If you don't bake often, you will want to test it for freshness before using it. If you use "flat" baking powder your recipe will not turn out well.

How can you tell if baking powder is expired?
Mix 1 teaspoon of baking powder with 1/3 cup of water. If it fizzes then it is ready to use for baking!

Do I have to use arrowroot powder?
Nope! You can use cornstarch instead in a 1:1 ratio in place of arrowroot. We use arrowroot due to a corn allergy.

How Toolkits Work

Toolkits offer an easy way to collect and share Kidney Kitchen resources with those you serve and their families. You can build toolkits that include customized meal plans, resources, guides, lists, videos, webinars and personalized notes. You can even include private notes on the toolkit that only you have the ability to access. Toolkits can be customized for each patient or you can create toolkits based on topic (example: dialysis vs. non-dialysis nutrition). The toolkits you create can be saved, shared via email and printed.

Baking Powder vs. Baking Soda

Baking powder is a dry powder leavening agent for baked goods that is a mixture of baking soda and a weak acid (such as cream of tartar). Most commonly it is used in recipes that are alkaline instead of acidic (think lemon, lime and vinegar). Baking powder works well in foods that do not use yeast, and are fabulous for quick breads like this cranberry nut bread and eggless (vegan) banana bread! Baking is such a chemistry!

Baking soda (sodium bicarbonate) is an alkaline leavening agent. Picture grade school and experimenting with baking soda mixed with vinegar. When mixed you get major fizzy bubbling action overflowing from cups or out of volcanoes. When baking soda is paired with an acid (such as cream of tartar) it expands the batter for pancakes, waffles, cakes, soda bread and other baked goods.

Easy Homemade Foot Powder Recipe for No More Stinky Feet

This homemade foot powder recipe is an all natural way to get rid of stinky feet! There is nothing worse than stinky feet, and unfortunately my poor sweet daughter has the stinkiest feet ever! I&rsquom so excited to share my latest miracle Homemade Foot Powder.

This simple to make foot powder recipe helps to reduce sweatiness, fight odor, and leaves feet smelling fresh all day!

A few weeks ago, my daughter took her shoes off and I thought something died. No joke! I immediately threw her shoes into the washing machine, then got out my essential oils kit and began mixing up a foot powder.

I was determined to help her! I feel bad that she inherited stinky feet from my Dad and me. LOL!

After a few days of using the homemade foot powder on her, I took the test and smelled her feet after school (when they are always the stinkiest!) It was a MIRACLE! No smell. I couldn&rsquot believe it! The whole house cheered with joy. ha! Hence the name &ldquoMiracle Foot Powder&rdquo. ha!

This only happens when she wears tennis shoes. I have washed her feet like crazy, used various sprays and have never had this good of results. So far, it&rsquos been over a week and her feet and shoes are stink free! Now I&rsquom sprinkling this powder in all of our shoes. Love it!

I designed a cute free printable label for our jar of foot powder and now I want to make some for all of my friends!

What Essential Oils Are Best for Making Foot Powder?

To come up with a homemade foot powder, I did some research about which essential oils are best for feet.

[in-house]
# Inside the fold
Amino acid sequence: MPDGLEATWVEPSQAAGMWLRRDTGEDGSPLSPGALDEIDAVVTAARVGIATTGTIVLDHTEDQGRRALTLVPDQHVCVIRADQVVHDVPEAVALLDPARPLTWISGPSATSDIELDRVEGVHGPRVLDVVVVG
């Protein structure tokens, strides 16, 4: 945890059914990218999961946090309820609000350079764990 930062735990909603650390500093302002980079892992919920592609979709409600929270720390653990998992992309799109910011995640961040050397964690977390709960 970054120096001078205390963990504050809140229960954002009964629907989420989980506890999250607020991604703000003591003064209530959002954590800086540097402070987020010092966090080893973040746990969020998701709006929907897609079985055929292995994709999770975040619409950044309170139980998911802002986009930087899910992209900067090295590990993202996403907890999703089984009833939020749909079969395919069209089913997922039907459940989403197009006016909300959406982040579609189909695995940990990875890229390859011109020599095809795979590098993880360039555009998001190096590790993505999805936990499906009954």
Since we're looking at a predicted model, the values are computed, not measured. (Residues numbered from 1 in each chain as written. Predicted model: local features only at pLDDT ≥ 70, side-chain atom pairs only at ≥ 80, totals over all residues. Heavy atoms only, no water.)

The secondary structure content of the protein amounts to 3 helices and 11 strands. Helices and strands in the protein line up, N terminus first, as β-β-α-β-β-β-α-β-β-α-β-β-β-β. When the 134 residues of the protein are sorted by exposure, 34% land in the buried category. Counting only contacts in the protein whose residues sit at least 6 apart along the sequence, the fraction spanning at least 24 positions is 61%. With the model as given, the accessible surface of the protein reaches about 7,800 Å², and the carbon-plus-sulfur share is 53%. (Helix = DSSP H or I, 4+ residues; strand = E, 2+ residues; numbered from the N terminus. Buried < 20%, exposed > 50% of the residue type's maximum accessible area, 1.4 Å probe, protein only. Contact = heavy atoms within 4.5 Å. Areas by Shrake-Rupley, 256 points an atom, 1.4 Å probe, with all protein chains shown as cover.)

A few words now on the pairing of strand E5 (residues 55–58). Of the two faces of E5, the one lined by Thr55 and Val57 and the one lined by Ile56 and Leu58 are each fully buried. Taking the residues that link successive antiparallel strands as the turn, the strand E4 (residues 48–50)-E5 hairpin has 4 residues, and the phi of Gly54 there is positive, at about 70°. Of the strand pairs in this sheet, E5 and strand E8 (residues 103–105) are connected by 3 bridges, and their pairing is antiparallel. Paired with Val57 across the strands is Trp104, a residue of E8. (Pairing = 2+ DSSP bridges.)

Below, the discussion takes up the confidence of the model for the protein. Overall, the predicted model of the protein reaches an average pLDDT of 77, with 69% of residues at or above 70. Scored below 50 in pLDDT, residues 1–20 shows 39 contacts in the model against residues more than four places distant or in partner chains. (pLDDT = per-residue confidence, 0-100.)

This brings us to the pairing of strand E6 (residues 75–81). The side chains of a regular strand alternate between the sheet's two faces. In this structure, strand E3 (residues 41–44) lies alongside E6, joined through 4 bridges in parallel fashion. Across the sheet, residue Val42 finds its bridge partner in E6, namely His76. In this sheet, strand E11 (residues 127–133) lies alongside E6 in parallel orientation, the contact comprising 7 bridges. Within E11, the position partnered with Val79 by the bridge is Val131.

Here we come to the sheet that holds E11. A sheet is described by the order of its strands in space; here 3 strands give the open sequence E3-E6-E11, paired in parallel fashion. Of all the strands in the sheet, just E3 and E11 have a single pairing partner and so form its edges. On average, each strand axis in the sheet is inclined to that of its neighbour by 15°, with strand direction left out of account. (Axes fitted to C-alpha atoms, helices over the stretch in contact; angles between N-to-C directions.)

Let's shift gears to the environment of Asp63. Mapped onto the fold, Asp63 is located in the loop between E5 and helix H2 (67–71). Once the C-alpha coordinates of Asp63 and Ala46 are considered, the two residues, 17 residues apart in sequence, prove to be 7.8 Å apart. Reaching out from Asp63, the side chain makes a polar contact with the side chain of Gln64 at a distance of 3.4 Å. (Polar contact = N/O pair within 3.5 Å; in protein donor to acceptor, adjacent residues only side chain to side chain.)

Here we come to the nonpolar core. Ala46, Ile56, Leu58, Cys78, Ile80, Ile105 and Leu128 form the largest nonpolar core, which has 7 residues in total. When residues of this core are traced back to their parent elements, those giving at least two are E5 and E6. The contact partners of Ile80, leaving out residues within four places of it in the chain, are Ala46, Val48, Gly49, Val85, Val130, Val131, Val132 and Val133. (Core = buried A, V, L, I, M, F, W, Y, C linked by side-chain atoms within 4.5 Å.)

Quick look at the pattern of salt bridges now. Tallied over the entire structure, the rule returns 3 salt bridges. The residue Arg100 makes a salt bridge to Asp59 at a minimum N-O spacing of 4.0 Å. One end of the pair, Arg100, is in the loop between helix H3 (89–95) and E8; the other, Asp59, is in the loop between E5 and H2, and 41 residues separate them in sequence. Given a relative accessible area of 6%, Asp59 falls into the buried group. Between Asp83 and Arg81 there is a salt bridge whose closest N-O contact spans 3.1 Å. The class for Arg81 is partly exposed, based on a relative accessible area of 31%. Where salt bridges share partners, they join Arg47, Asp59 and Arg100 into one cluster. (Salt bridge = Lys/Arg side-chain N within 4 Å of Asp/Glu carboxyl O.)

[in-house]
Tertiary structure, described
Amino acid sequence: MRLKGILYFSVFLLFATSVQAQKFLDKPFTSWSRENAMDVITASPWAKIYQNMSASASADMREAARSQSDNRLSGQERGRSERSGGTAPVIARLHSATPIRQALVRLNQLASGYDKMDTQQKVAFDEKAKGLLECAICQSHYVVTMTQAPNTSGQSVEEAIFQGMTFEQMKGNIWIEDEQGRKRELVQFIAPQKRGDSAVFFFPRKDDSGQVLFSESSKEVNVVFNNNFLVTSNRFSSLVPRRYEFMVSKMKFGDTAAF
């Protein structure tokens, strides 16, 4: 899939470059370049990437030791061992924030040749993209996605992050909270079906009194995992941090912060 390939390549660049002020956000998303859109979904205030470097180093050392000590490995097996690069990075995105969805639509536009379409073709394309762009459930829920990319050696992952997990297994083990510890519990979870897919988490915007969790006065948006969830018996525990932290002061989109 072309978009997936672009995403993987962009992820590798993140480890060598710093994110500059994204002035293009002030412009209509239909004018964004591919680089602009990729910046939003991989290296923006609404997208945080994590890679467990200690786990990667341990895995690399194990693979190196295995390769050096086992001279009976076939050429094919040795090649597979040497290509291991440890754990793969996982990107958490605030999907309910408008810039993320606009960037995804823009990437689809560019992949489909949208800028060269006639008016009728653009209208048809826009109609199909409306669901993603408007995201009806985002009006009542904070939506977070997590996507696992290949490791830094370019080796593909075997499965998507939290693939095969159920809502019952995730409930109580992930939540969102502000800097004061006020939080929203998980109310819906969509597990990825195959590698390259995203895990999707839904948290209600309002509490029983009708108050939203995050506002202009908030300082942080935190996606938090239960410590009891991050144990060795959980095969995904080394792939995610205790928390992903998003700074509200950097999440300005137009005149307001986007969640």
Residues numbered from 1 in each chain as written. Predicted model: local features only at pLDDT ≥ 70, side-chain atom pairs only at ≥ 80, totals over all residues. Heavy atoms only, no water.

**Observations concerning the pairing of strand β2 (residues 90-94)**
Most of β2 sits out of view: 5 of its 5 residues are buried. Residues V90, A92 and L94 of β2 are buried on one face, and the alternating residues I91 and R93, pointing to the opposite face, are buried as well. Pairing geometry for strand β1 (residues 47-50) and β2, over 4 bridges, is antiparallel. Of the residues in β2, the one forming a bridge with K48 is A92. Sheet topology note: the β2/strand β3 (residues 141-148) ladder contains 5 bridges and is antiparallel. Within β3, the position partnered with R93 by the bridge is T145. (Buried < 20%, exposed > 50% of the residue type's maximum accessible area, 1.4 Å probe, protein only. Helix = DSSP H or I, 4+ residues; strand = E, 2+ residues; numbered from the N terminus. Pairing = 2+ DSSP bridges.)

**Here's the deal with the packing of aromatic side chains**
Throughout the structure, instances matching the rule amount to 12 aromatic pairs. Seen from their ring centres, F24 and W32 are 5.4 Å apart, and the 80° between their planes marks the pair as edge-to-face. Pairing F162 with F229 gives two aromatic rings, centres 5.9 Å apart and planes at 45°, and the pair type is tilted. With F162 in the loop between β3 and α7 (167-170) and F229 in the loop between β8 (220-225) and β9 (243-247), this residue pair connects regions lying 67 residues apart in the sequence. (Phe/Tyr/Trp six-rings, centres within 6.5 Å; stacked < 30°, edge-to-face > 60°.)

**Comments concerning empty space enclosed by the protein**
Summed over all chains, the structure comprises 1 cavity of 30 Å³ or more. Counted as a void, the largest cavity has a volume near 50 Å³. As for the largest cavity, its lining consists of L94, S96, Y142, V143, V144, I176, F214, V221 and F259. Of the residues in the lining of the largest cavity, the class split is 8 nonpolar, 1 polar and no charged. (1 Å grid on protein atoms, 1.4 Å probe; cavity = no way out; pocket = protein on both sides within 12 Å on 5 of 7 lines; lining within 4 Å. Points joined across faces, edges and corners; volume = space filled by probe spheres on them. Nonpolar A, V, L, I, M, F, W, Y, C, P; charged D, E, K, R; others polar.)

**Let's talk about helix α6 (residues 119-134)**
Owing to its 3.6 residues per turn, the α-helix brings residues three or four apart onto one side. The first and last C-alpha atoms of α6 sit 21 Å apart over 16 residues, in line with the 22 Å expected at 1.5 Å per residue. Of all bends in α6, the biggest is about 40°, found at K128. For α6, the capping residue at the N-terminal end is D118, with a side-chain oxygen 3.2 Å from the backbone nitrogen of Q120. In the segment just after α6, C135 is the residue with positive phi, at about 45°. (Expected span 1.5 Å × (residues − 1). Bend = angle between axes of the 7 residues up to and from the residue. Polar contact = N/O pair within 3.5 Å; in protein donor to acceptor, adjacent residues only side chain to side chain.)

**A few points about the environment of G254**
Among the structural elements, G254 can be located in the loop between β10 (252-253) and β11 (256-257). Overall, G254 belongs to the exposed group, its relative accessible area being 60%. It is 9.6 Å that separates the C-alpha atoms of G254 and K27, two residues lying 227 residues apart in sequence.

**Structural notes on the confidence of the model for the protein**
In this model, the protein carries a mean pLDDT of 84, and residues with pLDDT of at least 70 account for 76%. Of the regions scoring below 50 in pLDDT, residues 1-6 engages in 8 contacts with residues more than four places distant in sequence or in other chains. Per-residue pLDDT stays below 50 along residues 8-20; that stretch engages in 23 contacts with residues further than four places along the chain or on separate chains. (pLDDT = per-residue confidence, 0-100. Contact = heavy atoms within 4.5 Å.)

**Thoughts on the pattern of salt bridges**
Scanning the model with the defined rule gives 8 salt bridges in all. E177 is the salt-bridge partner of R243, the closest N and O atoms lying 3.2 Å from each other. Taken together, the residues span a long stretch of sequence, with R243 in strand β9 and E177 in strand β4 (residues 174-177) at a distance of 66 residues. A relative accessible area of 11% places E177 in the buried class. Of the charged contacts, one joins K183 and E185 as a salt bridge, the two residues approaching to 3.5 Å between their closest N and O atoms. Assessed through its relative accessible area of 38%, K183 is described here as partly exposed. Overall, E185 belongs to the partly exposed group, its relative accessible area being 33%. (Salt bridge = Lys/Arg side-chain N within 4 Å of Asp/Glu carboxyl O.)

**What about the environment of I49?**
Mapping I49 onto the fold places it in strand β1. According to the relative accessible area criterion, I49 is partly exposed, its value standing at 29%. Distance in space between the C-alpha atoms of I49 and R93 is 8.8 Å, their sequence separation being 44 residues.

Tea tree oil (also known as Melaleuca alternifolia) is not only known for cleansing and getting rid of bacteria, but also for relieving athlete&rsquos foot. So I knew I would put this oil into my concoction.

According to the University of Maryland Medical Center eucalyptus contains substances that kill bacteria. It also may kill some viruses and fungi. Plus, I love the clean smell of Eucalyptus. It reminds me of going to a fancy spa!

To tone down the strong smell of the first two oils and provide a calm relaxing scent for a kid, I added Lavender Oil. Overall, the powder smells great and makes your feet feel tingly clean!

How to make Homemade Foot Powder

What you&rsquoll need:

  • 3 tablespoons Corn Starch
  • 3 tablespoons Baking Soda
  • 15 Drops Tea Tree Essential Oil
  • 15 Drops Eucalyptus Essential Oil
  • 10 Drops Lavender Essential Oil (add more if you like!)
  • Small Mason Jar
  • Free Printable Foot Powder Labels (Great for gifts!)

Mix all ingredients together in a glass jar. The amount of essential oil is a personal preference. Add less if you think it&rsquos too strong.

I rubbed this powder on my daughter&rsquos feet before bed and then sprinkled in her shoes in the morning before school for 3 days in a row. Now I&rsquom sprinkling it in her shoes every other day.

This should always be kept away from pets as it&rsquos not for digestion. Ask your doctor before using on any children under the age of 2, as it might irritate their skin. If you have sensitive skin, test on your skin before fully applying.

How Does A Homemade Baking Powder Subsitute Work?

This homemade baking powder substitute works the same way that regular baking powder does. The two main components baking soda (which is alkaline) and cream of tartar (which is acidic). When they react, they produce CO2 and have a leavening effect.

The key to making baking powder at home is to keep the baking soda and cream of tartar from reacting before you are ready. They start to react when they come in contact with moisture, so we keep them dry by including a starch (arrowroot in this case). Commercial baking powders use cornstarch or wheat starch to achieve the same thing.

NOTE: This paleo baking powder substitute is single acting, not double acting. Commercial double-acting baking powder reacts (releases gas) once when it’s mixed with liquid, and then again a second time when heated (such as during baking). Homemade baking powder only reacts at the first step, which means your baked goods can go flat if you don’t use the batter immediately.